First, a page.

And if days are our currency, let me

spend them giving as much love

as possible, though it sounds

like a cheer, though it feels like a pat

on the back, though it looks like

a bagel, a headband, a double thumbs up.


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for Phyllis



I remember the day she chose me.

It was fall. I didn’t know then

I would come to love her, didn’t know

how trust would grow, like catnip, like oregano,

more robust, more wild every year.

I didn’t know how I’d been waiting to be chosen,

that she would help me find the wings I’d never felt,

never seen. That she would dare me to fly.

That she would be the wind.


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The Dream Speaks



Some dreams are meant to wake us up.

Like the dream when the man approaches your car

and you roll down your window to ask him what he needs


and he speaks in words you don’t understand.

What? You say to him. What are you trying to tell me?

And he pulls out a chainsaw and thrusts it through the open window


and instead of recoiling, you try harder to hear

what he’s trying to say. What are you saying?

you ask him, still wanting to make sense of the man,


believing he has something important to teach you.

He is here to teach you some people are not safe.

And why is it your survival instinct is so slow to kick in?


At last you thrust the car into reverse

and swerve down the narrow road before launching

into the air and soaring, soaring away from the man,


somehow unsurprised when the car lands in a canopy

of trees. And you are unhurt in the arms of oaks.

When you wake, as you do, each time you try to return to sleep,


there’s the man again, his chainsaw reaching for you,

the evil snarl on his lips. Wake up, says the dream.

Not everyone can be trusted. Why is it so hard


to wake you up? How can the world support you

if you choose to stay with what hurts you,

if you don’t let yourself be launched?



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And when Montaigne turned thirty-eight,

he began to paint inscriptions on the roof beams

in his library. Words of Socrates.

Euripedes. Sophocles. Horace. Ecclesiastes.

Theognis. Epictetus. Lucretius. As if to keep

himself looking up. As if to remember

where the world has been. As if to know

himself as part of this glorious conversation.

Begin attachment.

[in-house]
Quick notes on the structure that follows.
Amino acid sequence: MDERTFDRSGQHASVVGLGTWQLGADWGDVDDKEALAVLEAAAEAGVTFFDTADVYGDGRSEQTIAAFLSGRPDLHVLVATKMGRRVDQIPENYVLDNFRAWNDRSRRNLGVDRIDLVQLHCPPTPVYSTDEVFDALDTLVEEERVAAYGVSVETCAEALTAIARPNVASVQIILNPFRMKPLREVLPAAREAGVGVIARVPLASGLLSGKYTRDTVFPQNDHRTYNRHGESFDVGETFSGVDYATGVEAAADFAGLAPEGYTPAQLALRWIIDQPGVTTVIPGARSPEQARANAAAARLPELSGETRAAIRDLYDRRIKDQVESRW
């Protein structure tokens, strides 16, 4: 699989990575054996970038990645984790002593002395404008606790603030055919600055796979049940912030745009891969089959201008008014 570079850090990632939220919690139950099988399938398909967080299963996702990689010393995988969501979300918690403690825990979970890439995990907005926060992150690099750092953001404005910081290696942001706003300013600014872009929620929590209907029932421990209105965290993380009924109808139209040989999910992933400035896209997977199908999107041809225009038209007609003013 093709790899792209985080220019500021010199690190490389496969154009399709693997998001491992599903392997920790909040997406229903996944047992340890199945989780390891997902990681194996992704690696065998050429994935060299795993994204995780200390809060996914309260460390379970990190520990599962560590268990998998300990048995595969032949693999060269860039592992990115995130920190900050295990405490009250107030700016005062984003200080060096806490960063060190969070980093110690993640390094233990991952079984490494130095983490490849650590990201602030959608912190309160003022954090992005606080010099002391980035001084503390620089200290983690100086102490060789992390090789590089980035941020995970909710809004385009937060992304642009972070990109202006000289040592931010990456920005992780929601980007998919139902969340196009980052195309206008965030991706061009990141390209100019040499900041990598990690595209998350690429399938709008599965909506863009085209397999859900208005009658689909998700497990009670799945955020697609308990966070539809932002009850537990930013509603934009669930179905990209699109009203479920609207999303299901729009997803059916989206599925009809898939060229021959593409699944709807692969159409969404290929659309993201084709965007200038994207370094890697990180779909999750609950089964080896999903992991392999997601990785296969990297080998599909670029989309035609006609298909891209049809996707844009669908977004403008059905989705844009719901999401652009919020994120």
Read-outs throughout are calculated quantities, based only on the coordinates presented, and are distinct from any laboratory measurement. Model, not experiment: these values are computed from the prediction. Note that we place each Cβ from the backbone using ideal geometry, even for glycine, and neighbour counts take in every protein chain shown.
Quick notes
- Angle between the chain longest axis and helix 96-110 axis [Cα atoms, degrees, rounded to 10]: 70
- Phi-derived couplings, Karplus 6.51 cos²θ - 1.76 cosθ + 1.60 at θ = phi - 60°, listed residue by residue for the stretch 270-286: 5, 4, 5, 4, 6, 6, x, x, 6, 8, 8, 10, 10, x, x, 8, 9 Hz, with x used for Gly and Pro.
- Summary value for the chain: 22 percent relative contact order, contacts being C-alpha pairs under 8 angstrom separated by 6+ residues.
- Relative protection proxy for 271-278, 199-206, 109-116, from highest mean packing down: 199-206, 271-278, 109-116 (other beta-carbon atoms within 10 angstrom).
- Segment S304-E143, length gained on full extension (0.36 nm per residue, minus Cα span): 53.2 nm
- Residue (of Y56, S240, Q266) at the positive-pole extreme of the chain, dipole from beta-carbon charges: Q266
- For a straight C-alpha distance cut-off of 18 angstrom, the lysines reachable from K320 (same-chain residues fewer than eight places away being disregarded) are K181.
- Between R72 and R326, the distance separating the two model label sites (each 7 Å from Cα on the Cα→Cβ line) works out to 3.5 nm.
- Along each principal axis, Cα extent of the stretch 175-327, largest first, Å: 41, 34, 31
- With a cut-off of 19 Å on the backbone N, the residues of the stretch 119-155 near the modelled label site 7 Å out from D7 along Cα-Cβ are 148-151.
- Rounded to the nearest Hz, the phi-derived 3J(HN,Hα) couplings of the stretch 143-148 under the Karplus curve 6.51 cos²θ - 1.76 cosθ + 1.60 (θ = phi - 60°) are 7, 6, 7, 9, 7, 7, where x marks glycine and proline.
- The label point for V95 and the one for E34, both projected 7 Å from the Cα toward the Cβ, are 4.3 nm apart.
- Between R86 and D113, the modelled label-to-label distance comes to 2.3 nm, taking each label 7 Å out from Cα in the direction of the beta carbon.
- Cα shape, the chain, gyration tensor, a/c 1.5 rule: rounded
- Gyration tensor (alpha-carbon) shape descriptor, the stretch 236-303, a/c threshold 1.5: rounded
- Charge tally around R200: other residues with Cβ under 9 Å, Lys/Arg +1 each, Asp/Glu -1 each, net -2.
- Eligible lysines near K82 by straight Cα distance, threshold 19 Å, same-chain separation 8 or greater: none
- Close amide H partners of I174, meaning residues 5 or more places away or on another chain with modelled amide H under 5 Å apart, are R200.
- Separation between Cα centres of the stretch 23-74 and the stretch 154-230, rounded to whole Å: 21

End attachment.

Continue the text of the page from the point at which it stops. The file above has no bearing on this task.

And who have I painted on the roof beams

of my heart? Rumi. Neruda. Mira. Rilke.

Szymborska. Hopkins. Ahkmatova. Bass.

Every day, I climb into that tower and trace

their words with my thoughts, wander

their paths, let them hold my hand. Sometimes

they take me by the face, the way a mother

or a lover would, and hold me there as if to say,

Now listen. I mean this. I mean you.  

Sometimes they stand passive, and

force me to find my own way in.


These are beams that never will burn,

the kind that hold up the sky.

Montaigne inscribed Horace, who

tells us: shelter where the storm drives you.

And wherever the storm, these beams

are there. Meanwhile, the thunder, the crackle

of lightning, the scent of the coming rain.







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We are all walking each other home.

—Ram Dass



There was that moment before

I read the letter, when you

were still invincible, that moment

when just seeing your name

made me think of sitting at your table

drinking wine, eating fresh tomato soup,

and my heart rose up like a good little dog

and begged me to read the news.

And then there was the moment

when I read the news. And read it again.

And let my eyes unfocus on the words

as I felt their terrible weight

settle in my chest, on my cheeks.

How soon the mind leans toward the worst.

It is hard to reconcile the two moments

together, side by side as they were,

the one so exuberant, the other

so grim. I try to imagine them

holding hands as if to steady the other.

As if they need somehow to be close,

fear and hope. If you feel a hand

slip into yours and no one is there,

perhaps it is mine, reaching

toward you through a letter

I will always be writing, the letter

of how beautiful it is to be alive

in this world so we can

shoulder together what frightens us most.

How beautiful it is to be alive

so that even in our most lumbered days

we might meet each other, hands open,

and steady the other, walking home.



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wanting to be your lifeboat

when what you really need

is someone to let you swim





and if you live nearby, you may want to consider this public speaking class I will be teaching for the next six Thursdays through Ah Haa … http://www.ahhaa.org/calendarize/public-speaking-rosemerry-wahtola-trommer/